Quality communication with family members regarding a patient’s clinical trajectory is essential to formulating treatment decisions. According to Scott (2010), nurses are first in line when families are seeking guidance regarding patient EOL care.Throughout the literature reviewed, the one common theme noted was the need for communication with patient and family. Barriers to this communication on behalf of the family included: lack of comprehension, overall displeasure, unachieved goals of care, tension or dispute with providers and therefore a decreased element of trust, enhanced feelings of obligation and remorse, and not being prepared to have such a conversation (Kalowes, 2015). In a survey performed by Malloy, Virani, Kelly and Munevar (2010) on 333 participants who attended an ELNEC conference, the authors identified several key areas for improvement in communication: discussion of bad news, talking with physicians regarding palliative care issues, discussing spiritual concerns, and talking with patients ands families from different cultures. Consistently, nurses with less experience (less than 10 years) had more difficulty in these areas. According to Searl (2015), there may also be a lack of inclination to discuss the patient’s prognosis by the provider. This can be due to the presence of conflicting sentiments on prognosis or lack of self assurance and/or experience in discussing a poor prognosis. Furthermore, Kalowes (2015) contended additional barriers to quality communication including: the provider along with the nurse not willing to take away optimism from the patient or patient’s family; nurse’s uneasiness with dying and EOL care; patient or family refusal to accept patient prognosis or consideration or palliative/hospice care; families obtaining information on their own accord not directly from providers, but outside resources, or partial members of the team therefore getting an incomplete prognosis. In a post-test survey design using a convenience sample of ICU nurses, Kurian et al, (2014) identified that 46% of the nurses indicated that they had insufficient education, training, and experience with bereavement care.As identified by Scott (2010), nurses voicedthe desire to have been instructed, while in nursing school, on how to carry out conversations with patients and their family regarding EOL.
VI. FAMILY AND PATIENT DYNAMICS
According to Browning (2010), family indecisiveness regarding EOL care may be associated with: lack of comprehension about consequences of life support, insufficient data regarding patient illness trajectory, and refusing to recognize poor prognosis. Hinkle, Bosslet and Torke (2015) conducted a systematic review of literature regarding EOL care in the ICU and influences on family satisfaction. The reviewers noted in one study that half of the family members had no desire to be involved with the decision-making process regarding EOL care. Apart from this, there may be instances where the family is not sure of what the right course of action should be for their loved one. The family is under an extremely stressful circumstance when a loved one is ill in the ICU. This stress is magnified when the patient’s condition changes quickly further amplifying the uncertainties regarding the patient’s outcome. Greater satisfaction in the decision making process occurred with the presence of a higher education level of the patient and family as well as a reached consensus of stopping medical intervention between physicians.Overall satisfaction considerably increased with EOL care when interaction and communication between the patient/family and providers occurred (Hinkle, Bosslet &Torke, 2015).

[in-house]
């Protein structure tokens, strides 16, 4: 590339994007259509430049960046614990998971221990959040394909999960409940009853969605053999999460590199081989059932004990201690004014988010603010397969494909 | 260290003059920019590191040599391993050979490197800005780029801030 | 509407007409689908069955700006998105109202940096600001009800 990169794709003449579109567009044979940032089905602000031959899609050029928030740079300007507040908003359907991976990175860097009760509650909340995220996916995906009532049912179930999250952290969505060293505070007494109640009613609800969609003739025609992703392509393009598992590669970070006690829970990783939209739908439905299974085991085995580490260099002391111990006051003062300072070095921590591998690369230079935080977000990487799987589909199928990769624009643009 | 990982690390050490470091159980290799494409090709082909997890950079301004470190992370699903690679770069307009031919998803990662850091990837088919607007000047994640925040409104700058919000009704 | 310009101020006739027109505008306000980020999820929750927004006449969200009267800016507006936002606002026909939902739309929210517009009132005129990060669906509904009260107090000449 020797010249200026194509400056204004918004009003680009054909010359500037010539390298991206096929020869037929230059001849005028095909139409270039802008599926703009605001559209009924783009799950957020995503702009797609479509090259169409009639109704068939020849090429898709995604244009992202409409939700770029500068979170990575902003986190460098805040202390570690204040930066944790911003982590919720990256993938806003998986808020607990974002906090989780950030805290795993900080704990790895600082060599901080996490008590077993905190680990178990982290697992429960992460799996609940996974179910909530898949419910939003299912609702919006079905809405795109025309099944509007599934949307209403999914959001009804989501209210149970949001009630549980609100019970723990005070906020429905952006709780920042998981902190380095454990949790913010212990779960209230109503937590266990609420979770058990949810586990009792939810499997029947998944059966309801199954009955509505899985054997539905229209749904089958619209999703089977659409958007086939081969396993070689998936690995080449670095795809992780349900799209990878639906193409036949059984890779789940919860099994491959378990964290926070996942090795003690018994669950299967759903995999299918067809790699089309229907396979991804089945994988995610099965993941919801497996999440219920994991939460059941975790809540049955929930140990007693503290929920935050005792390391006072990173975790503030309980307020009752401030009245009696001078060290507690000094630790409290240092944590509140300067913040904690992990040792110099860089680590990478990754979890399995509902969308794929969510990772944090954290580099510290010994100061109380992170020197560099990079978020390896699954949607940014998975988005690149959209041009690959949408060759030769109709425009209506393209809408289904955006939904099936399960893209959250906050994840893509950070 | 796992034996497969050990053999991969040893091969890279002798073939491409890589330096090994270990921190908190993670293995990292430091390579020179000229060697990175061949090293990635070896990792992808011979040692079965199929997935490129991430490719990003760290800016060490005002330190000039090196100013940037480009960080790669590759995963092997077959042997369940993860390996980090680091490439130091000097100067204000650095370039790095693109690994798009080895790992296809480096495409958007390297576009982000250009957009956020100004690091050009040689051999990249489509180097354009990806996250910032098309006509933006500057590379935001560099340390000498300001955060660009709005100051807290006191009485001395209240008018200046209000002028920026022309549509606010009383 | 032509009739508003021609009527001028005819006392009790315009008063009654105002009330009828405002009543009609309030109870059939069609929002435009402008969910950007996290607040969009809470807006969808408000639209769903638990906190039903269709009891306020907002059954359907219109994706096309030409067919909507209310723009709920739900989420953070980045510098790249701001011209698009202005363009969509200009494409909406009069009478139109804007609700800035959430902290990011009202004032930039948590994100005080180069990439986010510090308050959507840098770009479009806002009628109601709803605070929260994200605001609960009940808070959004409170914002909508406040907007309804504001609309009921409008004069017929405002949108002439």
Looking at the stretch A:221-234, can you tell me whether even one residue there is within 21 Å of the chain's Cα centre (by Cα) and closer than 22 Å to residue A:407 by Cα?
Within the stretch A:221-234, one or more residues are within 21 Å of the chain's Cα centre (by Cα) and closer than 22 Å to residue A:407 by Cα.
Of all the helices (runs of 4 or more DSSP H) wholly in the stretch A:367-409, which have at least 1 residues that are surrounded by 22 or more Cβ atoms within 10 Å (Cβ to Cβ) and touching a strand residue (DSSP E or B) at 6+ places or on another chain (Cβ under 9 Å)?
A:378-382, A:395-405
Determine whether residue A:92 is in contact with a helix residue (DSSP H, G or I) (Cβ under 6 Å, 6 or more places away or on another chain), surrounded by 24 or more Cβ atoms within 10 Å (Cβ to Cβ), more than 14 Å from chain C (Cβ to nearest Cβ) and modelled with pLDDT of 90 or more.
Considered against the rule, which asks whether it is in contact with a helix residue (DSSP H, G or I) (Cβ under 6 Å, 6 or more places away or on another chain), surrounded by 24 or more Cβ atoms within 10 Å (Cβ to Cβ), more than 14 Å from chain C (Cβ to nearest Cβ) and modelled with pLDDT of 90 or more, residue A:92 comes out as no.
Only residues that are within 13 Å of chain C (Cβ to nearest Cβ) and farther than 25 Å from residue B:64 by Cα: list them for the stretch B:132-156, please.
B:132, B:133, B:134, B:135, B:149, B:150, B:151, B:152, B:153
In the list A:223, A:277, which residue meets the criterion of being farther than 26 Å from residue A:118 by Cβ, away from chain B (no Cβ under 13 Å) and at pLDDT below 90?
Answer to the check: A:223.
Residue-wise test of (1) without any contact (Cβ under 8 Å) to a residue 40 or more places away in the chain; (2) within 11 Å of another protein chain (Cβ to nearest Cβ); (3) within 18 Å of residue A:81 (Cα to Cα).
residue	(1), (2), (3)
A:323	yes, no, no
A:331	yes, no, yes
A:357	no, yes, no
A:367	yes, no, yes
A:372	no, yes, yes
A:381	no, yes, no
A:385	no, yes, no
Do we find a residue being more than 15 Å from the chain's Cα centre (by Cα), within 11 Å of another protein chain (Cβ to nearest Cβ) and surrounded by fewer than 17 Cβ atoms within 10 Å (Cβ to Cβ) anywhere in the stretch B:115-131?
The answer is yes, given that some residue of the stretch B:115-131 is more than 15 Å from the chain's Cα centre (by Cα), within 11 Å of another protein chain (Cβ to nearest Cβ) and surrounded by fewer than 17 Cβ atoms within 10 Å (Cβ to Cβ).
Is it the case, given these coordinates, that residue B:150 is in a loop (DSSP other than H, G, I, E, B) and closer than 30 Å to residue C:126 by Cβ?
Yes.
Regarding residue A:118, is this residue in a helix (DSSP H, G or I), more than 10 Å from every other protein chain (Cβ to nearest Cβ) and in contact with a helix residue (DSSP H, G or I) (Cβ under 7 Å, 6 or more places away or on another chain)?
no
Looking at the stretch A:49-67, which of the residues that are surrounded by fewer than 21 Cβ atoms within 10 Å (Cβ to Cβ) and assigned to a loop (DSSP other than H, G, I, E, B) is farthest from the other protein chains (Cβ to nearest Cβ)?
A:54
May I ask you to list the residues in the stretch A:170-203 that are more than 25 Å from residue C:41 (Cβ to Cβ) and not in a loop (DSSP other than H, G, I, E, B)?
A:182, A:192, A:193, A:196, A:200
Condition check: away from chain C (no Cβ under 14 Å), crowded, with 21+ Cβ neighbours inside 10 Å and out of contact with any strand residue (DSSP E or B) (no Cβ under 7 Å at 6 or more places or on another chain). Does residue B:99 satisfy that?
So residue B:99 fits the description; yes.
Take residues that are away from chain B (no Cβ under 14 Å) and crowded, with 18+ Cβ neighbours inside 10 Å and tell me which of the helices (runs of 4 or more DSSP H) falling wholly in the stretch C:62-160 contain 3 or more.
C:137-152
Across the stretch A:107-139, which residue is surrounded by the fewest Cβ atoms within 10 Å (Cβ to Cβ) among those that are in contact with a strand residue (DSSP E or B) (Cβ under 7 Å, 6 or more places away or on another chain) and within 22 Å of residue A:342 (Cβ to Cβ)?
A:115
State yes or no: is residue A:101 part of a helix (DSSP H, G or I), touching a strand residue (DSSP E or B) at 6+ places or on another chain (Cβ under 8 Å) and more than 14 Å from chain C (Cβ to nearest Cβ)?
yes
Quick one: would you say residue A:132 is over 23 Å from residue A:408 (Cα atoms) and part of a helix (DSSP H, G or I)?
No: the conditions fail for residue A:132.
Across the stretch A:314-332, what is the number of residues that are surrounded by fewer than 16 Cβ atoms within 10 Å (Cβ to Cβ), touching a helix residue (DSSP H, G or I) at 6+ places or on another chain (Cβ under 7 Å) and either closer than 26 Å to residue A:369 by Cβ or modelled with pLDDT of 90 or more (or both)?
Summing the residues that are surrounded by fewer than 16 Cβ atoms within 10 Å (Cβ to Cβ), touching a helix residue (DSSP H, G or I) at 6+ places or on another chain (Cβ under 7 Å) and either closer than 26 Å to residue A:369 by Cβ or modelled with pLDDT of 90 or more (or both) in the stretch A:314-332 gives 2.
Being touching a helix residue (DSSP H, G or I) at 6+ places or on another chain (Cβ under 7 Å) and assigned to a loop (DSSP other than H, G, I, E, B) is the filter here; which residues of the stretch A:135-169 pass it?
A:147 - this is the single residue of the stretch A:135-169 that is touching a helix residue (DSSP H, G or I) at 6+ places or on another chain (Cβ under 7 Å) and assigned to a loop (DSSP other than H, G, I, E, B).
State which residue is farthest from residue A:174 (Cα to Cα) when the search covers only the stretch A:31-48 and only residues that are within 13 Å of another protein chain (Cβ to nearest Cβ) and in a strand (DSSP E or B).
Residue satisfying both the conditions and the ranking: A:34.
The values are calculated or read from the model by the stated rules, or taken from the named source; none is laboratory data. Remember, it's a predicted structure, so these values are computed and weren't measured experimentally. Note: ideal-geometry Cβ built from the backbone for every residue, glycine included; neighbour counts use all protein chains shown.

VII. FACILITATORS IN PROVIDING EOL CARE
In a review of the literature conducted by Searl (2015), 10-15% of ICU’s utilize mortality-predicting metrics. The use of these metrics to confer course of palliative or EOL care may: improve family satisfaction with dying process in hospital, provide extra time for families to understand the course of the patient’s prognosis, reduce staff stress who are tending to a patient with an inevitable/looming death, and ameliorate the value of EOL care (Searl, 2015). Three common scoring systems used by the ICU to obtain a severity of illness score include: The Acute Physiology and Chronic Health Evaluation IV (APACHE IV) system, Mortality Probability Admission Model-III (MPM-III), and The Simplified Acute Physiology Score 3 (SAPS 3) (Kalowes, 2015). Considerable patient data is collected and used with each scoring system to compile a numerical value that can assist providers to determine possible interventions. All three of these predictive instruments provide a useful severity of illness score to guide clinical care. “Empowered by knowledge related to end-stage disease criteria, performance status, prognostic (severity of illness score and mortality) information, and patient preferences, providers will be prepared to serve as information brokers and advocate effectively for patients and families in collaboration with the interprofessional team” Nelson et al. (2011) identified nurses as having a leading role when integrating palliative care in the ICU. The authors provided practical suggestions for CCN: take a leadership role in interdisciplinary team meetings to identify and implement quality improvement measures for palliative care by supporting teamwork, as well as creating a culture that supports palliative care; identify obstacles for palliative care and how to overcome these; participation of CCN in family meetings; support palliative care education; as well as mechanism to evaluate these quality improvement initiatives. Additionally, Brennan, Prince-Paul and Wiencek (2011) described other suggestions: maximize symptom management, according to patient and family’spersonal/cultural preferences; educate patient and family on what to expect in the final hours; assess for rituals to attend to the patient’s personal preferences; encourage family members for self care, such as breaks for sleep and nutrition; create a “get to know you” poster in the patient’s room so providers can understand the patient’s life; encourage personal items (such as pictures, blankets, etc); encourage the family to be involved in care.